The best performing currencies on the day were again the commodity currencies. While gold and silver didn’t do much of anything, they did stay on the high side as gold was trading around $1,425 and silver around $36.30 when I was packing my things to go home last night. Any increase in the Middle East tensions would look to be short-term price drivers.

Moving over to oil, we did see this commodity move higher on the day. While we currently have two cooks in the kitchen, which would be the tensions in Libya/Middle East and events in Japan giving direction, prices ended the day at $104. Increasing optimism out of Japan sent oil higher, as the markets looked past current events and more toward the rebuilding stages, which would boost demand for many commodities. Reports are also out that Japanese refineries are processing more oil that previously expected.

The dollar index traded in a tight range as it remained in the mid- to low-75 handle, bouncing from the low of 75.25, and held steady at the lowest levels since December 2009. Since the euro (EUR) accounts for a big proportion of the dollar index, the exchange rate hovering around 1.42 was certainly a contributor. Since risk tolerances have been rising, it looks as though the markets are seeking higher yielding currencies or economies where rates are at least in a position to rise.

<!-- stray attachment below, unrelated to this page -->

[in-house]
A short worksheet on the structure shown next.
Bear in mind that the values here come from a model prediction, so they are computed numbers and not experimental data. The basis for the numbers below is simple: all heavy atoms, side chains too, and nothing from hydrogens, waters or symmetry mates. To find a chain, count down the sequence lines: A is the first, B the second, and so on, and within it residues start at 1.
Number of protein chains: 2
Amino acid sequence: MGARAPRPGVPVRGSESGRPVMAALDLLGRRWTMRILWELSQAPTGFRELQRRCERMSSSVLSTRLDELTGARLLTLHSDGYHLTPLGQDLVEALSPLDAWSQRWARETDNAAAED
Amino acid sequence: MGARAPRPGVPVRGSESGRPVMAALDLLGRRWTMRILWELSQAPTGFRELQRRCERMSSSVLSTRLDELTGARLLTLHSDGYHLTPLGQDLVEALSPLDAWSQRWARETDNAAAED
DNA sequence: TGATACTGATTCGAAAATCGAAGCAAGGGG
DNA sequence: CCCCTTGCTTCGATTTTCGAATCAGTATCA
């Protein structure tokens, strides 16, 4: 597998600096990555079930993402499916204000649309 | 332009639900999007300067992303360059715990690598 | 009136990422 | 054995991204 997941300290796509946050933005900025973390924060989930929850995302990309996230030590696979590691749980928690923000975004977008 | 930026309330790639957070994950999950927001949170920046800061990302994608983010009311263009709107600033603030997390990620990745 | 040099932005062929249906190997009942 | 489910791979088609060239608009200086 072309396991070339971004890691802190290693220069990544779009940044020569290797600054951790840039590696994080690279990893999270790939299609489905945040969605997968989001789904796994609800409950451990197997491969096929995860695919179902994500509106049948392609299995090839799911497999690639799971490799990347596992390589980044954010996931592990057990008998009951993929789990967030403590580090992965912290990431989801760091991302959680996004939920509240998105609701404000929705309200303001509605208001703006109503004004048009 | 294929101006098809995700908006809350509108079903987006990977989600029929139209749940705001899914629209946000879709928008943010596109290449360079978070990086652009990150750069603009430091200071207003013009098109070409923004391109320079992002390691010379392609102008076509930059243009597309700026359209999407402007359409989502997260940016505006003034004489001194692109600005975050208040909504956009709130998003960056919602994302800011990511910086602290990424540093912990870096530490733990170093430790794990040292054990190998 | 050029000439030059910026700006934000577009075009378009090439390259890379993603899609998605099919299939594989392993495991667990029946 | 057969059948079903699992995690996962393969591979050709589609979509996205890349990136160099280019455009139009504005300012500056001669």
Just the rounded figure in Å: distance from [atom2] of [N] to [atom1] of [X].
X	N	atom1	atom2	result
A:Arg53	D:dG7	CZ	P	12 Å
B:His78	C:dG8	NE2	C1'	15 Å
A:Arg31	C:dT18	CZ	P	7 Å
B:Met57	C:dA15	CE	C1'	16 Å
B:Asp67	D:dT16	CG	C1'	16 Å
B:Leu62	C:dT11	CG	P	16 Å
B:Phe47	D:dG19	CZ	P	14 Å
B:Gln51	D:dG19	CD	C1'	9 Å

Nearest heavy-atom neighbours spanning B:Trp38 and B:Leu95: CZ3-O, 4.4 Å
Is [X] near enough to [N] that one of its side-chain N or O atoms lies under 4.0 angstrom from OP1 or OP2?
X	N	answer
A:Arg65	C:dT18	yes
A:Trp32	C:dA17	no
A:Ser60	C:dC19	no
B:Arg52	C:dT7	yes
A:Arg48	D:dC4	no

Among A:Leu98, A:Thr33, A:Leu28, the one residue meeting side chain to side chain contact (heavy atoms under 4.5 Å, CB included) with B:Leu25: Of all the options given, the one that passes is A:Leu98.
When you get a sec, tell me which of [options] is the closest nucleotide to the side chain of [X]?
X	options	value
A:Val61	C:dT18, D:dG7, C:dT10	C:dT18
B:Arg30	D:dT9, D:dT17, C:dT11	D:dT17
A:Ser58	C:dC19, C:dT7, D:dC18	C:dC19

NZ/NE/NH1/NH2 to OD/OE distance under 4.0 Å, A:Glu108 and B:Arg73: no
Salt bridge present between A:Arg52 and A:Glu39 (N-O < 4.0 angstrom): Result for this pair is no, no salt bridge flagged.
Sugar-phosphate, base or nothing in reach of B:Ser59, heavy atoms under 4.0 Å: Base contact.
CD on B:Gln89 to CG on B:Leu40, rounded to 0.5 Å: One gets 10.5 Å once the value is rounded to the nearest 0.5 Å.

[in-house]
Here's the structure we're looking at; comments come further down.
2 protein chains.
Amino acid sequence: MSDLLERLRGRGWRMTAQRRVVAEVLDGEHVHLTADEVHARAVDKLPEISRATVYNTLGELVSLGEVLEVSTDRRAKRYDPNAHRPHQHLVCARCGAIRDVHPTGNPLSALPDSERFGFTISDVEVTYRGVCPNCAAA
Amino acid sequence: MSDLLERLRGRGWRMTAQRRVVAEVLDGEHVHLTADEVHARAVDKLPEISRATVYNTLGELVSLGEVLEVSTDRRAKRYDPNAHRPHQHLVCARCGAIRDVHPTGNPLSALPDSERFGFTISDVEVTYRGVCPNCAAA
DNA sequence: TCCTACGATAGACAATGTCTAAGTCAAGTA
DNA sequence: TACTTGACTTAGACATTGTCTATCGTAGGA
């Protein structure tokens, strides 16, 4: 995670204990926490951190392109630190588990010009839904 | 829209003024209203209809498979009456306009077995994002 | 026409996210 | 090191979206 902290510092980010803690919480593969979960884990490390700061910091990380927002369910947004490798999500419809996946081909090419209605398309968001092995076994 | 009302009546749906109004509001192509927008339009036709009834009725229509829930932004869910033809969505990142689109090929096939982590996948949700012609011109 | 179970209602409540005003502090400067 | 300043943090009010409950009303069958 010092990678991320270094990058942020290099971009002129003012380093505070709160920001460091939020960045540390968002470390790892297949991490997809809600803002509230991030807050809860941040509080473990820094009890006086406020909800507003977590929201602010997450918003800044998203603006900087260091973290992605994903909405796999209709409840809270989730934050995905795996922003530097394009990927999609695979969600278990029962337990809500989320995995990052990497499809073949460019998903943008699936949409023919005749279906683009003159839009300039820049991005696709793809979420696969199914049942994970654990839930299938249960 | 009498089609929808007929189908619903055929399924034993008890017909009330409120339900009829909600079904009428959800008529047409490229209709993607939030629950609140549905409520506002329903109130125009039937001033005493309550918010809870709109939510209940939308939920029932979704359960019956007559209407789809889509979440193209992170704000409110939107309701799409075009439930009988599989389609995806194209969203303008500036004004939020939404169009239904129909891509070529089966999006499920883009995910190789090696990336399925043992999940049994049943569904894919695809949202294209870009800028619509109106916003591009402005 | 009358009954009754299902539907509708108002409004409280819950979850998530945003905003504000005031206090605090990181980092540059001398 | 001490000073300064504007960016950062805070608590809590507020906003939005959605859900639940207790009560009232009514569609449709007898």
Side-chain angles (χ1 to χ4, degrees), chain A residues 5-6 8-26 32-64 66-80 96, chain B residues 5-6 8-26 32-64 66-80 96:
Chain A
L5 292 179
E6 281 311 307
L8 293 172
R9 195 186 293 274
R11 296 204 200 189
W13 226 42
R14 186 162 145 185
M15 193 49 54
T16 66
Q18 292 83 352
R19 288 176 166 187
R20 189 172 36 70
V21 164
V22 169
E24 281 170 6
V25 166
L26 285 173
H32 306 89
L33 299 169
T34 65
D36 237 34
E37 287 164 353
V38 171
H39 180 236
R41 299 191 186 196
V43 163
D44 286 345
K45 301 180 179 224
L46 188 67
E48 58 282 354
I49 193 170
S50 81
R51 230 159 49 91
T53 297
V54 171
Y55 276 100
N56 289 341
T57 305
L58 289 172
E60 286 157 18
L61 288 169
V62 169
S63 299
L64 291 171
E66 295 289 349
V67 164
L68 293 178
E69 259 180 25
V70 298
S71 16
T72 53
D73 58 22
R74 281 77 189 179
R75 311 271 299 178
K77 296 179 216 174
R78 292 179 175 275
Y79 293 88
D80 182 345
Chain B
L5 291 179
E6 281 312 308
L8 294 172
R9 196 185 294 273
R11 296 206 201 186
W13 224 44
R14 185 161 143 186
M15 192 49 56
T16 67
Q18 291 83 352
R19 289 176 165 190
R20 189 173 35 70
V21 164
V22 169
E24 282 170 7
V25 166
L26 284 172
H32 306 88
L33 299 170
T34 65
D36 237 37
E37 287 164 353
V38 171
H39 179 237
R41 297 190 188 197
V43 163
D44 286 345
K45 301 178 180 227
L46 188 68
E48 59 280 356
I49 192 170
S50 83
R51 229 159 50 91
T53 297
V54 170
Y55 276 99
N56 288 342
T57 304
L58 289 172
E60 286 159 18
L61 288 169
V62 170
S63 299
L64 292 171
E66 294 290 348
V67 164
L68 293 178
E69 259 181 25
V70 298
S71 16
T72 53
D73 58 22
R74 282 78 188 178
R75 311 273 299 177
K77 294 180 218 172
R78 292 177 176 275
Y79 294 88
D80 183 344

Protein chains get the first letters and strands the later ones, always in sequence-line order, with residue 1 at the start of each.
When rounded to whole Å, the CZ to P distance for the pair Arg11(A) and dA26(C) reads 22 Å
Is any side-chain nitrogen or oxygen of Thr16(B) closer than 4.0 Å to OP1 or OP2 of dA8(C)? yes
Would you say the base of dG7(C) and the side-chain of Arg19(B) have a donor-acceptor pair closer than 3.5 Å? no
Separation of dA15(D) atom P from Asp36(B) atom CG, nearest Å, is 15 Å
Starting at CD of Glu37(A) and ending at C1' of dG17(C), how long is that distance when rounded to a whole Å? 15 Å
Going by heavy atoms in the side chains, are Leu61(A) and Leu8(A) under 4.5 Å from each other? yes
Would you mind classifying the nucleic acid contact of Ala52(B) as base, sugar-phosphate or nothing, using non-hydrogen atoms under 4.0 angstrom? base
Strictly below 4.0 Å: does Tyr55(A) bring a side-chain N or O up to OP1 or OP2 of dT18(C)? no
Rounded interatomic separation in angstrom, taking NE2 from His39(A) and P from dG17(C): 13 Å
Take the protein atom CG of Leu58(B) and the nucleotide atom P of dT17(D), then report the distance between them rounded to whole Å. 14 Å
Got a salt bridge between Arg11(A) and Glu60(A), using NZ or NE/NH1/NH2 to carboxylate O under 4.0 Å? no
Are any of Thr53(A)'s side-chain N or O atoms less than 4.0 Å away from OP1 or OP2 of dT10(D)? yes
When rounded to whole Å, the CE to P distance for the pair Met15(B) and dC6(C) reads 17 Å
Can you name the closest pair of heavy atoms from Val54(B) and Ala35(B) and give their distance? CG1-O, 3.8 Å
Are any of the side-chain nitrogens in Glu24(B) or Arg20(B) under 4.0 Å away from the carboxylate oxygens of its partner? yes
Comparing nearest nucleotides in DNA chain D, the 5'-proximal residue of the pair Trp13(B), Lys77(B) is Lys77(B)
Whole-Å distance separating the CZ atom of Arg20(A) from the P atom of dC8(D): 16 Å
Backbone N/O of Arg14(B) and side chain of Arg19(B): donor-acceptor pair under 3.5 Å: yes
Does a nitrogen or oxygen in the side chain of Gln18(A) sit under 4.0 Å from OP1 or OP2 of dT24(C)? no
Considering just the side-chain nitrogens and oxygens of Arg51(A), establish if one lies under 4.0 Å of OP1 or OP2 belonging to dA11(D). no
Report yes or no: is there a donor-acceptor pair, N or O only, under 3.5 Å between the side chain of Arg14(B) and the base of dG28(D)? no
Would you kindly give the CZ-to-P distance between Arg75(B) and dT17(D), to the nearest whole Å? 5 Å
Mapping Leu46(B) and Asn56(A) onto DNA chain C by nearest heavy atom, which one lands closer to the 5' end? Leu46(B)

One of the other nations that had some economic data to talk about was South Africa, whose rand (ZAR) appreciated the most on the day. Its 0.70% rise against the dollar was due to the fourth quarter current account deficit falling to the lowest level in seven years. The deficit fell to 0.6% of GDP from 3.1% in the third quarter and has narrowed from a figure of 7.1% in 2008. This has been a point of contention along with an overall unstable fundamental base as a whole for investors for quite some time.

I guess the big question mark now deals with the sustainability of this going forward. A closer look at the numbers show us that export volumes actually slowed in the fourth quarter, but its value rose by 5.5%. Couple that with import volumes shrinking for the first time in over a year as economic demand slowed, and we get the significant move that we saw. While it was positive news and is better than the alternative, we still see too much risk associated with the rand.

While the Australian (AUD) and New Zealand (NZD) dollars finished in second and third place respectively, the other currencies that did end the day on the positive side were all lumped together. Moving on to the United Kingdom, we saw inflation surprise on the upside and the pound (GBP) trade up to 1.64 for the first time since January 2010. The higher inflation has investors speculating as to when the BOE will finally raise interest rates. Economists were starting to price in a rate hike as soon as July instead of the previous estimate of August.